There is a drastic imbalance between the high economic risks of Grexit and the low costs of giving Greece's economy enough time to get back on a growth path. Only the latter would can assure that structural reforms work and that the country continues to service its debts. By Andrew Watt.
Using a unique data set of 104 studies on fiscal multiplier effects Sebastian Gechert finds public spending multipliers to be much higher than tax and transfer multipliers. Public investment multipliers are even larger than those of spending in general.
Andrew Watt shows that investment in Greece has strongly decreased with austerity. Structural reforms will hardly help to increase investment - without such reforms, the investment share was higher in Greece before the crisis than it was in Germany.
The economist Steve Keen claims that credit always drives aggregate demand. Severin Reissl critizizes that Keen's theory overreaches. Credit can play an important role but the link between credit and demand is much more complicated than Keen makes it out to be.
In this Policy Brief Sebastian Gechert and Ansgar Rannenbert show that the drastic austerity measures implemented in Greece have led to an historically unique economic slump - so that the debt-to-GDP ratio has even increased.
Austerity in Greece led to drastic income reductions for private households. Households with medium or low income were hit hardest. This is what Tassos Giannitsis and Stavros Zografakis show in their study "Greece: Solidarity and Adjustment in Times of Crisis".
Andrew Watt proposes a way to permit monetary financing of public investment in the EMU. This would stimulate growth reliably and sustainably, help avoid a deflationary trap while at the same time safeguarding the independence of the ECB.
The summer school aims at providing an introduction to post-Keynesian economics and to the problems of European economic policies It takes place from July, 26th to August 2nd in Berlin. Deadline for applications is March, 15th. more...
Sebastian Gechert, Andrew Hughes Hallett and Ansgar Rannenberg have calculated to what extent the euro area’s fiscal consolidation depressed GDP. They find that the negative impact on GDP was substantial and that this made deficit reduction much harder.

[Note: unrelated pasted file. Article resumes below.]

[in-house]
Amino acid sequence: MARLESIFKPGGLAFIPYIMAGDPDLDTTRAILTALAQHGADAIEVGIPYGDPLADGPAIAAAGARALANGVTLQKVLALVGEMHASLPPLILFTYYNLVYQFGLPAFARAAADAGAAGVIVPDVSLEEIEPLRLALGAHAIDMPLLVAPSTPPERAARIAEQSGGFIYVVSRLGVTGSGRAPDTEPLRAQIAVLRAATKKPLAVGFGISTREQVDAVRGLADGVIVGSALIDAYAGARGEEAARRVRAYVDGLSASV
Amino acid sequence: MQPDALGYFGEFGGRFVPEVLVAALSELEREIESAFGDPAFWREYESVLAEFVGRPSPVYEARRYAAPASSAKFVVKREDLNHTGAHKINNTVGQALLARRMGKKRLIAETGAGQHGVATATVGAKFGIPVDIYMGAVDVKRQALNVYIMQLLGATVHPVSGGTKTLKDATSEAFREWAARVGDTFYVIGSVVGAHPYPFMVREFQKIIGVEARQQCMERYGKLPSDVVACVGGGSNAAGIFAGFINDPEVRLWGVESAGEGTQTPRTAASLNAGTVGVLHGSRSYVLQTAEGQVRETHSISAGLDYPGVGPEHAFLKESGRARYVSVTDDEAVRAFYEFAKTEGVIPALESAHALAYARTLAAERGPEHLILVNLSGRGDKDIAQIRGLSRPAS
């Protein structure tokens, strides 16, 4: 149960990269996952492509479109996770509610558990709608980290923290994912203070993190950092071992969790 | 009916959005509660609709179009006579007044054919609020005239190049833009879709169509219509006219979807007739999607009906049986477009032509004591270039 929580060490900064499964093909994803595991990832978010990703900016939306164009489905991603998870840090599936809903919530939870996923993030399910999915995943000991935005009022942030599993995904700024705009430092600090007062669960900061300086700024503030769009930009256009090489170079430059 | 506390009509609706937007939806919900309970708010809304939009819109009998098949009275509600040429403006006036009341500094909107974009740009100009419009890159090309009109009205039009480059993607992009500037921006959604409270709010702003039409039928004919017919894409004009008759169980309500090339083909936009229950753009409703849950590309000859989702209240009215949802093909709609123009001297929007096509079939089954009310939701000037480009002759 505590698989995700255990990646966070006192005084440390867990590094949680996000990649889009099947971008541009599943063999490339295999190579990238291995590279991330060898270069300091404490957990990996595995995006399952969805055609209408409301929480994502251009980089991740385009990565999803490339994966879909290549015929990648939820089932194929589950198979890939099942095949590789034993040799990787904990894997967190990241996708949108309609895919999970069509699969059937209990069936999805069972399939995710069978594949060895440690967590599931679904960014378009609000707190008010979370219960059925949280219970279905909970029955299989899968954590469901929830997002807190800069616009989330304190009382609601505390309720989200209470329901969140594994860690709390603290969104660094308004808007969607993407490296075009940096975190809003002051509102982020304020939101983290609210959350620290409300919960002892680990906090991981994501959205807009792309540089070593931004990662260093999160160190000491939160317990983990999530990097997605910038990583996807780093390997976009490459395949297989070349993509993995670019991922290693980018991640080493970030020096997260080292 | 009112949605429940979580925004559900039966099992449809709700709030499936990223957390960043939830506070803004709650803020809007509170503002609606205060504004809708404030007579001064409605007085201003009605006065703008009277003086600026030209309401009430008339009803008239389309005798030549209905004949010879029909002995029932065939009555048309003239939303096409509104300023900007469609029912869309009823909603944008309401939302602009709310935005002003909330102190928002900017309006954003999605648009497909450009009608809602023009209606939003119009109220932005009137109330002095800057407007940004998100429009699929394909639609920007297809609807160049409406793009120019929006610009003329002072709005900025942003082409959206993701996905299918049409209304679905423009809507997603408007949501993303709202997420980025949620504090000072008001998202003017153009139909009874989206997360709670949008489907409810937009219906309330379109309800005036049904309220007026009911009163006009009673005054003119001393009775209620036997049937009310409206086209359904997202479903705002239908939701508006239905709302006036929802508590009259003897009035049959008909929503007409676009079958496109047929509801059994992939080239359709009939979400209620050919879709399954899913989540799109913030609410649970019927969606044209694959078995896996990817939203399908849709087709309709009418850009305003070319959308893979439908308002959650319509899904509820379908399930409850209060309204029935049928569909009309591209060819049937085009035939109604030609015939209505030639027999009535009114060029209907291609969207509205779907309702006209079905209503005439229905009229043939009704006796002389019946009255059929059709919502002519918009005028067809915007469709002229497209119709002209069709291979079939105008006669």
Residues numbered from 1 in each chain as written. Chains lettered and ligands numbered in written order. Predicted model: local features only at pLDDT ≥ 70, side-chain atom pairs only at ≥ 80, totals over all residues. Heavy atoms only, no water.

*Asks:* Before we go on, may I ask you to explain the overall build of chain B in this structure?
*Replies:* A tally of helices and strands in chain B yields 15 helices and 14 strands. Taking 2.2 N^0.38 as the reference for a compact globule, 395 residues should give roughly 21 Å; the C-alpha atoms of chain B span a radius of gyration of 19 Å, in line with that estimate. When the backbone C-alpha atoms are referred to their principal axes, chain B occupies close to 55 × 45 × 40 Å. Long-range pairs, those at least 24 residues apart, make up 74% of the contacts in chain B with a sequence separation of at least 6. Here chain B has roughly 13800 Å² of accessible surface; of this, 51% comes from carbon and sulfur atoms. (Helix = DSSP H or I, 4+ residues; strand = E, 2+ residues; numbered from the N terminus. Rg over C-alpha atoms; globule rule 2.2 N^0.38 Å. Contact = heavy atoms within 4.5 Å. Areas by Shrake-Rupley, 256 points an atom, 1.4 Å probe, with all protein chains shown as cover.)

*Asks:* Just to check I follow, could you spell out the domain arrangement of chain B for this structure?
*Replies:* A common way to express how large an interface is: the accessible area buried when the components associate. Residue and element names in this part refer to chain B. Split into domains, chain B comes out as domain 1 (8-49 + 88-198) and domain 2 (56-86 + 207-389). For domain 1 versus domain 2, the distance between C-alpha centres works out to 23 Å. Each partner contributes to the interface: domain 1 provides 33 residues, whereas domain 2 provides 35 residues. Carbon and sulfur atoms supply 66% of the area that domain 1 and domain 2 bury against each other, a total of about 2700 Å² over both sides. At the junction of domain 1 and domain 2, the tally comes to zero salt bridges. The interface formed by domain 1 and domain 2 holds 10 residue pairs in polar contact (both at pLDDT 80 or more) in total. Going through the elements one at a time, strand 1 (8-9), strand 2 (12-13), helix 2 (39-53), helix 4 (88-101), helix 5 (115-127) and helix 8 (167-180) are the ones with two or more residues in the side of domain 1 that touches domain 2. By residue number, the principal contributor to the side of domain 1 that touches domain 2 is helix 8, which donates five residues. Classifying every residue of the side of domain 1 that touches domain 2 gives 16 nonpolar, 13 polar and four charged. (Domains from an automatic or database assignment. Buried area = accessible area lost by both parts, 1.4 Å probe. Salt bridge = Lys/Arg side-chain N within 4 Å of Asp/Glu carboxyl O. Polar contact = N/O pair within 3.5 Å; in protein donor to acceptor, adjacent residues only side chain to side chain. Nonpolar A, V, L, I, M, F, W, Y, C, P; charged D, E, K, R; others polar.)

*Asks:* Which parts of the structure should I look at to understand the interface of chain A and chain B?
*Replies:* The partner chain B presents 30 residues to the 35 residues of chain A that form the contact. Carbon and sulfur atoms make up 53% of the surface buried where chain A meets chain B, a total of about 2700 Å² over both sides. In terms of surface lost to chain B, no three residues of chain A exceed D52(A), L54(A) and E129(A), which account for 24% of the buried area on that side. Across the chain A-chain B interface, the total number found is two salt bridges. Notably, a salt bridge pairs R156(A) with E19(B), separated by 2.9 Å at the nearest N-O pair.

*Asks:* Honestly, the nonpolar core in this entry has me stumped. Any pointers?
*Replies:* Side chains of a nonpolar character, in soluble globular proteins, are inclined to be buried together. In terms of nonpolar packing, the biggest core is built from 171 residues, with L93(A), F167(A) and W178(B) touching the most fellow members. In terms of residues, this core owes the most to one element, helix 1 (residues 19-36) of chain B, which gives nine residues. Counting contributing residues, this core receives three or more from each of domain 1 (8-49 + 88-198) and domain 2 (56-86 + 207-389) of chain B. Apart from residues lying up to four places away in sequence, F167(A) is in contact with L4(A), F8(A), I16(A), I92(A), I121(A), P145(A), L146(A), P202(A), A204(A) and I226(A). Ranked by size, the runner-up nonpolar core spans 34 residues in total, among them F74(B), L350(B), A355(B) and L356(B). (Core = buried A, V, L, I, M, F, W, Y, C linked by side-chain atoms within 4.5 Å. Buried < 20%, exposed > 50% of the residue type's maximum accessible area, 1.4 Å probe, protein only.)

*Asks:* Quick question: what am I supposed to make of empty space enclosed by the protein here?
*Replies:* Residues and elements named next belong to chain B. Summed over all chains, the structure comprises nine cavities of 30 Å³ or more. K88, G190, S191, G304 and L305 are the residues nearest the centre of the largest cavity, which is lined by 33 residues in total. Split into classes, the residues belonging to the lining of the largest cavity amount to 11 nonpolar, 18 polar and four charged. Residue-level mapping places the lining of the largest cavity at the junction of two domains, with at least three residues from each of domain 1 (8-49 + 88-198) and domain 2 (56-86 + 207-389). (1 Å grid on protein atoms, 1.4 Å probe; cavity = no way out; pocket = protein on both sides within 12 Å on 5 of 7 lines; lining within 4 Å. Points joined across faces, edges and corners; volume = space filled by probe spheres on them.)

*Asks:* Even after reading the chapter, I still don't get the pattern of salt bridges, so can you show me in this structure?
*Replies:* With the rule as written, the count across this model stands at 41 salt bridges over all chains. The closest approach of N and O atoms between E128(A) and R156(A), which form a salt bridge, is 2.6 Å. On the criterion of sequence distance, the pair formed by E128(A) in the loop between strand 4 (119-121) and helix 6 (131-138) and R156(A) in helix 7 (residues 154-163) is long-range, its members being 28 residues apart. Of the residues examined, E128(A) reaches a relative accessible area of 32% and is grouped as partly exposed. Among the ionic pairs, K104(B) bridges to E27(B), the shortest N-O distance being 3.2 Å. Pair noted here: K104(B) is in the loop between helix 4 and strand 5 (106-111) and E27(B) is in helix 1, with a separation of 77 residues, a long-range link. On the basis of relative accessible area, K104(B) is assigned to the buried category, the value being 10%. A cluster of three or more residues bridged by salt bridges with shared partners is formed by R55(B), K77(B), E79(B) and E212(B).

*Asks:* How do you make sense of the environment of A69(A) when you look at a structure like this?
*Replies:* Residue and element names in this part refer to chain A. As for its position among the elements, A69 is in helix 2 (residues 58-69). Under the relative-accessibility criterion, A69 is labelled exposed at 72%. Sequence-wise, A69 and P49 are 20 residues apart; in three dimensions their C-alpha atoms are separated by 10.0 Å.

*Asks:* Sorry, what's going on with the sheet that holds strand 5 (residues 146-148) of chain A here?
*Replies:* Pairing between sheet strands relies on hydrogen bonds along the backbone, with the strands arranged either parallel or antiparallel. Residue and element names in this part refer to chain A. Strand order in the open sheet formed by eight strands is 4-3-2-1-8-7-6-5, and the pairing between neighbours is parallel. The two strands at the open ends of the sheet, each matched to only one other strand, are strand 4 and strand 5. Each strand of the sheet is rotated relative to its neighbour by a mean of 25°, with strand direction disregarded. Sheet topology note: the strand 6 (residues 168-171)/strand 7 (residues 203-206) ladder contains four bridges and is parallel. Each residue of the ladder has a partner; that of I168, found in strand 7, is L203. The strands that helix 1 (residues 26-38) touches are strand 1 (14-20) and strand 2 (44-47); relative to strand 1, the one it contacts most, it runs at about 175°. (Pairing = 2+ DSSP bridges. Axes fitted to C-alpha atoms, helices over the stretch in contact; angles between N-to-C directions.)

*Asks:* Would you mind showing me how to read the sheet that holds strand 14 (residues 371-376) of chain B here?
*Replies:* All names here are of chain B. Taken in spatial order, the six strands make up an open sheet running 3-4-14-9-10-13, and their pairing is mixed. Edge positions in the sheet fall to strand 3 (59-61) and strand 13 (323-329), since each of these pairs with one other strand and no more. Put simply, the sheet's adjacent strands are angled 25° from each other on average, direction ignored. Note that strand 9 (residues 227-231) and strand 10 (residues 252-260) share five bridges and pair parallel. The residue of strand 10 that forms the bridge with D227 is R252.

In a new working paper Patrick Grüning, Thomas Theobald and Till van Treeck analyze the effect of changes in income distribution on current account balances in Germany. The paper is part of a research project funded by the Institute for New Economic Thinking (INET).
Fabian Lindner shows that Greece’s economy has contracted more since 2008 than Germany’s economy did in the Great Depression of the 1930s. This is why Germans today should be open to Greece’s new government.
Greece has to leave the Eurozone or a new debt “haircut” is necessary – this is what many pundits think. But there are alternatives. Andrew Watt shows that with a little help the country could grow out of its debts.
Andrew Watt on the ECB's plans for quantitative easing, on why QE is - contrary to many media comments - a logical further step to fight deflation and what will be QE's likely effects on economic growth.
TTIP is often advertised as bringing about more growth and employment. Many “independent” studies draw this conclusion. However, a comparison of three influential studies shows that even if a wide ranging free trade agreement were to be reached the expected effects on growth and employment are minimal. Contribution by Sabine Stephan for the Friedrich-Ebert-Stiftung.
The private investment share is very low in Germany when compared to other European countries. This is mainly due to low real estate investment after the burst of a real estate bubble at the end of the 1990s. Investment in equipment is low in historical perspective because demand is not sufficient and already existing capacity is not fully used. Contribution by Fabian Lindner for the Friedrich-Ebert-Foundation.
The independent Annual Growth Survey for 2015, produced by researchers at the OFCE, the ECLM and the IMK, offers an alternative economic policy strategy for Europe: stronger quantitative easing would help to reduce differences in interest rates substantially; today’s trajectory of deficit reduction must be relaxed, and a public investment programme needs to be launched; the reduction of poverty and inequality must be at the heart of economic policy; and brakes need to be put on wage deflation.
The NAIRU is a key component of potential output and as such critically affects output gap estimates. In May 2014, the European Commission changed its specification of the NAIRU for several countries and lowered its NAIRU estimates - in the case of Spain from 26.6% to 20.7% for 2015. We find that the NAIRU is largely determined by actual unemployment. This calls in question both the interpretation of potential output estimates as barriers to more vigorous inflation-stable economic activity and the accuracy of structural deficit figures. By Sebastian Gechert, Katja Rietzler and Silke Tober.